Philosophy, Politics

James Burnham on liberalism and decline

James Burnham’s Suicide of the West: An Essay on the Meaning and Destiny of Liberalism proposes the thesis that modern liberalism is the ideology of a society in decline; its doctrines motivate and justify the contraction of Western civilization and reconciles us to it.

In the chapter “Liberalism vs. Reality” Burnham observes that liberals feel uncomfortable about power and force. Liberals are reluctant to use force against  ordinary criminals (which are, after all, just “victims” of an unjust society) but feel little hesitation to use it against those who are productive and successful.

It is not that liberals, when they enter the governing class…never make use of force; unavoidably they do, sometimes to excess. But because of their ideology they are not reconciled intellectually and morally to force. They therefore tend to use it ineptly, at the wrong times and places, against the wrong targets, in the wrong amounts.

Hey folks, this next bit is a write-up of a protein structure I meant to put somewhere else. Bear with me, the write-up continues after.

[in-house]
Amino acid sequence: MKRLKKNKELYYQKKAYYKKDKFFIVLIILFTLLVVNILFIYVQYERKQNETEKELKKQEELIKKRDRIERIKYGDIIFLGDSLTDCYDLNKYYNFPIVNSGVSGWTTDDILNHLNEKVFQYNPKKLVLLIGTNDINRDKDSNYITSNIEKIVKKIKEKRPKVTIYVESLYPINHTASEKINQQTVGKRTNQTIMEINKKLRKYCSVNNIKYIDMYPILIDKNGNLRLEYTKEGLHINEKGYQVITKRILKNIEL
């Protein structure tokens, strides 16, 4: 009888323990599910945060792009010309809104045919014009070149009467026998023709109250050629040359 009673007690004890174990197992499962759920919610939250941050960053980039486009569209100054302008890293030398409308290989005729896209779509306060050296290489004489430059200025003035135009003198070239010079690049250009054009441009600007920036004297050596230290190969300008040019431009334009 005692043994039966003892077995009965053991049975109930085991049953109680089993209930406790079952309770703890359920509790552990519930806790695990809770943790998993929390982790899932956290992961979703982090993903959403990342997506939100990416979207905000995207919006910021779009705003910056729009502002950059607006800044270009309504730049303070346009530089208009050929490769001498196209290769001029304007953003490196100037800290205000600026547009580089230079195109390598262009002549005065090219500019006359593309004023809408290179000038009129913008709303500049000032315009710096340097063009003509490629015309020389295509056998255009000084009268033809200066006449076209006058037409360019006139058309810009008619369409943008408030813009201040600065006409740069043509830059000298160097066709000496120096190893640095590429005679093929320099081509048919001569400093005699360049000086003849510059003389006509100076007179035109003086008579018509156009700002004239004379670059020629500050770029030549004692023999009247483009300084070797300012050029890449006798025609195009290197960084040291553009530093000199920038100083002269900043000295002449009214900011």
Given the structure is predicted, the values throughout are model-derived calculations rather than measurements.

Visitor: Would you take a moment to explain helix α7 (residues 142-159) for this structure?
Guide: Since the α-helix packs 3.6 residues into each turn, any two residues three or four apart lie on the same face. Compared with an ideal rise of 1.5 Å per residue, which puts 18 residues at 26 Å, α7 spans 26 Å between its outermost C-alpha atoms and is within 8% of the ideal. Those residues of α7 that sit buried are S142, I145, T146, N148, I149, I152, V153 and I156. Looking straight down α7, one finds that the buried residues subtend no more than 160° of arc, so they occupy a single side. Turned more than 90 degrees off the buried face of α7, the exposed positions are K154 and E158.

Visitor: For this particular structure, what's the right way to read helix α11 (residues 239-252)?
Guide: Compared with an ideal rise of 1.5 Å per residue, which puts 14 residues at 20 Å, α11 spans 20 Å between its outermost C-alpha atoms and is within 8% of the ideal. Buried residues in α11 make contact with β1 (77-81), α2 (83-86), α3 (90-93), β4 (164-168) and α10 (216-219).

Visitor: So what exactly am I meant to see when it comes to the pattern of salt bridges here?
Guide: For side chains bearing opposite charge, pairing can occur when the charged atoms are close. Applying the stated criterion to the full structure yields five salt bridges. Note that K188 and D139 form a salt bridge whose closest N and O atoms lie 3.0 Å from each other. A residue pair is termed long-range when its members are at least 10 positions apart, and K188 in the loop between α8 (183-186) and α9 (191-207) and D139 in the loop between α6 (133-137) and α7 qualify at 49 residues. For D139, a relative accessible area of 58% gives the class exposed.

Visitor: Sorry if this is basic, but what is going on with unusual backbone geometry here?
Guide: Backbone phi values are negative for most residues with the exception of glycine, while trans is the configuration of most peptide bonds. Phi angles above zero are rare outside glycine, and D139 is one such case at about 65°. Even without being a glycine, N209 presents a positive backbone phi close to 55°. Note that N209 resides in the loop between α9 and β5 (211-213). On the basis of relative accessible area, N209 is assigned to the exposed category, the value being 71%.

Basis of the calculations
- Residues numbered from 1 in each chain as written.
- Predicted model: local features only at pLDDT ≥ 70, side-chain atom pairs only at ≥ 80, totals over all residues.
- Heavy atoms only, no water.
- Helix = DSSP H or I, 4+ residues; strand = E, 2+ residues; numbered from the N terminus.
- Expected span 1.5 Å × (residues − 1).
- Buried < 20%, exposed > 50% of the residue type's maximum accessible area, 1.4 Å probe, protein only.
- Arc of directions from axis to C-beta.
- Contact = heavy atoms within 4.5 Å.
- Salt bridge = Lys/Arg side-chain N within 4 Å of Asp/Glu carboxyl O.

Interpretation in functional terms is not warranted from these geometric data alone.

Although Burnham ends his book by considering the possibility of a reversal of modern liberalism, the section that precedes it reads as follows:

Liberalism permits Western civilization to be reconciled to dissolution; and this function its formulas will enable it to serve right through to the very end, if matters turn out that way: for even if Western civilization is wholly vanquished or altogether collapses, we or our children will be able to see that ending, by the light of the principles of liberalism, not as a final defeat, but as the transition to a new and higher order in which Mankind as a whole joins in a universal civilization that has risen above the parochial distinctions, divisions and discrimination of the past.